Who Was Tony Alamo? New True Crime Series Explores the Life and Crimes of the Cult Leader
You’ve heard about Jim Jones and Charles Manson. But what about Tony Alamo? While the People’s Temple and the Manson Family are two of the most infamous cults in recent memory, Tony Alamo Christian Ministries was less well known. But that’s about to change. Sundance TV’s four-part docuseries about the evangelical cult leader premieres February 27, and it’s sure to draw more attention to Alamo and his crimes.
A cult with roots in California
Like Manson and Jones, Alamo’s cult had its roots in California in the late 1960s. He and his wife Susan founded the Alamo Christian Foundation in Los Angeles in 1969. They began as street preachers, and their “wrathful version of Pentecostalism” attracted hippies and other disaffected youth, who took to calling themselves “Jesus Freaks,” according to the New York Times’ 2017 obituary of Alamo. The group was anti-Catholic, homophobic, and pro-polygamy, according to Time. Most disturbingly, Alamo was also a proponent of child marriage, arguing publicly that “puberty is the age of consent.”
At some point, Alamo and his wife relocated to Arkansas. There, they established a business empire, which included gas stations, a grocery store, and a restaurant. But his most lucrative venture was a line of bedazzled denim jackets that were popular with celebrities and fashionistas in the 1970s and 1980s, including Michael Jackson, who donned a Tony Alamo jacket for the cover of his Bad album. The jackets sold for hundreds of dollars and continued to be popular even as information about Alamo’s misdeeds came to light.
“The clothing is so groovy, everyone wants it no matter what they think I am,” Alamo told the Los Angeles Times in 1989, when federal authorities were seeking to arrest him on child abuse charges. “No matter what, the superstars are going to want my jackets.”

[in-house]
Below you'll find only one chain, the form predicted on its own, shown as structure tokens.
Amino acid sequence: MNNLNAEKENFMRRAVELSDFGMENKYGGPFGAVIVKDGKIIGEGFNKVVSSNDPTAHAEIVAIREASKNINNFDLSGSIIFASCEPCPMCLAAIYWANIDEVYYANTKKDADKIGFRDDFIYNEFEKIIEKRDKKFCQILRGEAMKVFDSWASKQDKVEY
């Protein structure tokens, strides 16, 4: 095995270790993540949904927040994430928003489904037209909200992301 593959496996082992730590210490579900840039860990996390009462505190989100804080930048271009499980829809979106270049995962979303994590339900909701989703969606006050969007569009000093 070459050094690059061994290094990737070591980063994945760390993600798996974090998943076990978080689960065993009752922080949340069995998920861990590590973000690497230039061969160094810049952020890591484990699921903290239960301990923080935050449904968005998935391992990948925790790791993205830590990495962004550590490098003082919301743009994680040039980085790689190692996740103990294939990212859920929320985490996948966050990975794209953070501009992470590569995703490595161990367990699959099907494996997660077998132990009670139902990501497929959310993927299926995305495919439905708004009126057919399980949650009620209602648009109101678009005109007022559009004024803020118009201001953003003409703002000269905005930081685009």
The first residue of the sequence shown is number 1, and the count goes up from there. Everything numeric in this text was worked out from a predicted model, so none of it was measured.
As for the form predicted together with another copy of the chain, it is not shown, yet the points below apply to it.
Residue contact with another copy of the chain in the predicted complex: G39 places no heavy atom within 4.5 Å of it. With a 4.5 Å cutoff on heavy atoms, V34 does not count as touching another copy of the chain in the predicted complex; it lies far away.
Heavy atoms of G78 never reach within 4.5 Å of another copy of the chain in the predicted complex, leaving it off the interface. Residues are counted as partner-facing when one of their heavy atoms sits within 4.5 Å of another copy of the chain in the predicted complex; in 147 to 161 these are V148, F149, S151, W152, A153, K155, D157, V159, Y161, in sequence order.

According to the New York Times, Alamo became increasingly unstable after Susan died in 1982. He reportedly ruled his followers with an iron fist, according to several interviewed by ABC News in 2008. They recounted beatings and children being kept out of school and instead forced to sew rhinestones onto the famous jackets. In 1994, Alamo was convicted of tax evasion, a crime for which he eventually served four years in prison.
After he got out of prison in 1998, Alamo relocated his ministry to Fouke, Arkansas. But he didn’t change his ways. He continued to argue that it was acceptable for men to take underage girls as wives, and he himself “married” multiple girls under the age of 15. Finally, in 2009, Alamo was convicted of 10 counts of transporting minors – including a 9-year-old girl — across state lines to have sex with them. He was sentenced to 175 years.
Alamo died in prison in 2017 at the age of 82.
The Sundance docuseries is an in-depth look at Alamo’s cult
Sundance TV’s docuseries Ministry of Evil: The Twisted Cult of Tony Alamo takes an in-depth look at Alamo’s cult through interviews with followers, the FBI agent who caught Alamo, and never-before-seen archival footage. In the process, it explores the cultural consequences of the cult, which might still be active today, according to producers.
Ministry of Evil: The Twisted Cult of Tony Alamo premieres Wednesday, February 27 at 11/10c on Sundance TV.
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